"We have therefore made the assessment that COVID-19 can be characterized as a pandemic," World Health Organization's Director-General made the remark at a media briefing on the COVID-19 coronavirus on 11 March 2020.
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- The number of cases of COVID-19 outside China has increased 13-fold, and the number of affected countries has tripled in the past two weeks.
- There are now more than 118,000 cases in 114 countries, and 4,291 people have lost their lives.
This puts the mortality rate at 3.6%, a mortality rate far higher than not only the seasonal flu (reported as about 0.1% in the US), but also higher than earlier COVID-19 mortality estimates, which were around 2%. In an earlier briefing WHO had said the mortality rate was 3.4%.
The number of cases, the number of deaths, and the number of affected countries are expected to climb even higher in the days and weeks ahead.
WHO concerned both by the alarming levels of spread and severity, and by the alarming levels of inaction, have therefore made the assessment that COVID-19 can be characterized as a pandemic.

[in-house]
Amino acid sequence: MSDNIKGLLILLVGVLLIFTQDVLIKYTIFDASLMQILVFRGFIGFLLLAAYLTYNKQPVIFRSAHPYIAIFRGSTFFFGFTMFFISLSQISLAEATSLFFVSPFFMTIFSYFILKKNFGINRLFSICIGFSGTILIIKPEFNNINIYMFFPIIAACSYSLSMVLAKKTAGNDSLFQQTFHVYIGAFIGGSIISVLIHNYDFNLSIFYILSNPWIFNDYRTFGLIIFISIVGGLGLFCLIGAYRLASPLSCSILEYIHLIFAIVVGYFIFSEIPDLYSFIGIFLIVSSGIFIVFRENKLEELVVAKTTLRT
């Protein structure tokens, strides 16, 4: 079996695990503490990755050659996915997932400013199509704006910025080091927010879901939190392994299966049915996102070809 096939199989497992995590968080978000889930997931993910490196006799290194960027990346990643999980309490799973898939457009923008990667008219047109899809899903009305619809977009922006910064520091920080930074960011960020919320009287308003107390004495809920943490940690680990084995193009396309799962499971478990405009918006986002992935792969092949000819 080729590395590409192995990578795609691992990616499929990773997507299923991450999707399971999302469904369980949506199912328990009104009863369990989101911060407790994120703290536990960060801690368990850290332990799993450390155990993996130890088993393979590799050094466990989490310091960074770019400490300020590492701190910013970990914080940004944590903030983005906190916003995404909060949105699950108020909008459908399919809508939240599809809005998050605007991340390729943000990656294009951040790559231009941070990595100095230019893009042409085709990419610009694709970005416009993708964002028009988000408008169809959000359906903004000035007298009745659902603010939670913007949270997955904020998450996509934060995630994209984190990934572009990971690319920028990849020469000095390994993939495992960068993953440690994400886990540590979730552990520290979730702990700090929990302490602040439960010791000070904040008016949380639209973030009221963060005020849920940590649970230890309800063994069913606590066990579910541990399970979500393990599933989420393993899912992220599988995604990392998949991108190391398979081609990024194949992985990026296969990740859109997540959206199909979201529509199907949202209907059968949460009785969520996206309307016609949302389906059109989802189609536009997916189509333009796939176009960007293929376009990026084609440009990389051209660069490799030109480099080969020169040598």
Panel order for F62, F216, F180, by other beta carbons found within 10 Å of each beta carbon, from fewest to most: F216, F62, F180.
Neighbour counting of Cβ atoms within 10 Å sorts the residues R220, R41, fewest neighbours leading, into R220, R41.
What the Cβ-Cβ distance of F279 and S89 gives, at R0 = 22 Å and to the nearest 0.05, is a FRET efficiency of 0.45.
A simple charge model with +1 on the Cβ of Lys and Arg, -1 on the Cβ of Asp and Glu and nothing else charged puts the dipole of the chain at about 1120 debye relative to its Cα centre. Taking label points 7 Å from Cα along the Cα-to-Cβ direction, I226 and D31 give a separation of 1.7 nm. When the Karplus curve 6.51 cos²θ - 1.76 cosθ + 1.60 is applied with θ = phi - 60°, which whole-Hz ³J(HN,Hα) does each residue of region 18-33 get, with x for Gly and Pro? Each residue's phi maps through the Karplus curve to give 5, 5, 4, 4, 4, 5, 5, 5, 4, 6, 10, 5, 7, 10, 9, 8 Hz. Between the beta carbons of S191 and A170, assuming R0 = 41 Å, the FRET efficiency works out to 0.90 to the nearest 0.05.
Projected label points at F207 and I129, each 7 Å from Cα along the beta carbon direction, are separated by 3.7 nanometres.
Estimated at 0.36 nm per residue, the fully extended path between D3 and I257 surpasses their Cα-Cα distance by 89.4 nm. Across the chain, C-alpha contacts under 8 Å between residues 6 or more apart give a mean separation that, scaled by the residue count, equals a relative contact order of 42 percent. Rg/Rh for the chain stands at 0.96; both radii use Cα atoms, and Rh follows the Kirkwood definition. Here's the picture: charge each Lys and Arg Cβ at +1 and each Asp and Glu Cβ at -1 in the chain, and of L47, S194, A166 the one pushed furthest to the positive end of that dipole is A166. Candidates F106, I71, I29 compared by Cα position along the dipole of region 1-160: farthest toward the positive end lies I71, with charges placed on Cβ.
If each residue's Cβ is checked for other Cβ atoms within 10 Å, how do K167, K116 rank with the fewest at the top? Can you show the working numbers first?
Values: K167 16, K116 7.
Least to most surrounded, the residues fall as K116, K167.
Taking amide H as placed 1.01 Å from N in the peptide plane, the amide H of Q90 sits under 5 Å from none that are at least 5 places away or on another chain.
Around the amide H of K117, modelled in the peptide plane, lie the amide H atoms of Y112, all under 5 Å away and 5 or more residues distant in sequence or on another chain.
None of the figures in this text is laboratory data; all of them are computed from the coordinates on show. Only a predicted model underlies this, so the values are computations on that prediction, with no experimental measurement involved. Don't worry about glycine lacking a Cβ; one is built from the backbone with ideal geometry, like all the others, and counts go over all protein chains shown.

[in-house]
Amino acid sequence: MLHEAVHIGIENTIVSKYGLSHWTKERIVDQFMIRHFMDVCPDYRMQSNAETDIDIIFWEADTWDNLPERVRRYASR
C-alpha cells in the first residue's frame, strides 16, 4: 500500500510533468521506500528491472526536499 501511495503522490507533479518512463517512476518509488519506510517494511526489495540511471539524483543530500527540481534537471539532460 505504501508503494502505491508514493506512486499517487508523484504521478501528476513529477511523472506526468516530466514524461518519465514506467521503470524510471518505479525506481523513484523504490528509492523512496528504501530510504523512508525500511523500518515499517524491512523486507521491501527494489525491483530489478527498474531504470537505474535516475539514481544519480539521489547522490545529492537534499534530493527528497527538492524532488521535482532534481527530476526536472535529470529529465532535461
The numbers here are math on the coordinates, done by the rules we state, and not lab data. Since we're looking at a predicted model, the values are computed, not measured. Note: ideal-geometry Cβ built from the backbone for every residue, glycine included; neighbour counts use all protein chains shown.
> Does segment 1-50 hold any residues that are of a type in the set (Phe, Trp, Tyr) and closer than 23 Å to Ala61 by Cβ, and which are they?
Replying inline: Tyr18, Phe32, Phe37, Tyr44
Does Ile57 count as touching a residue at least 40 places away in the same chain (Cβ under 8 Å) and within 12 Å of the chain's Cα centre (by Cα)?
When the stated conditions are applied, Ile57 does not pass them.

“Pandemic is not a word to use lightly or carelessly. It is a word that, if misused, can cause unreasonable fear, or unjustified acceptance that the fight is over, leading to unnecessary suffering and death,” it said.
Describing the situation as a pandemic does not change WHO’s assessment of the threat posed by this virus. It doesn’t change what WHO is doing, and it doesn’t change what countries should do.
“We have never before seen a pandemic sparked by a coronavirus. This is the first pandemic caused by a coronavirus. And we have never before seen a pandemic that can be controlled, at the same time. WHO has been in full response mode since we were notified of the first cases,” it said.
- Of the 118,000 cases reported globally in 114 countries, more than 90 percent of cases are in just four countries, and two of those – China and the Republic of Korea - have significantly declining epidemics.
- 81 countries have not reported any cases, and 57 countries have reported 10 cases or less.
“We cannot say this loudly enough, or clearly enough, or often enough: all countries can still change the course of this pandemic.”
Countries must take a whole-of-government, whole-of-society approach, built around a comprehensive strategy to prevent infections, save lives and minimize impact.
In summary, these are the four key areas.
- First, prepare and be ready.
- Second, detect, protect and treat.
- Third, reduce transmission.
- Fourth, innovate and learn.
“We’re in this together, to do the right things with calm and protect the citizens of the world. It’s doable.”
Read the full speech here.
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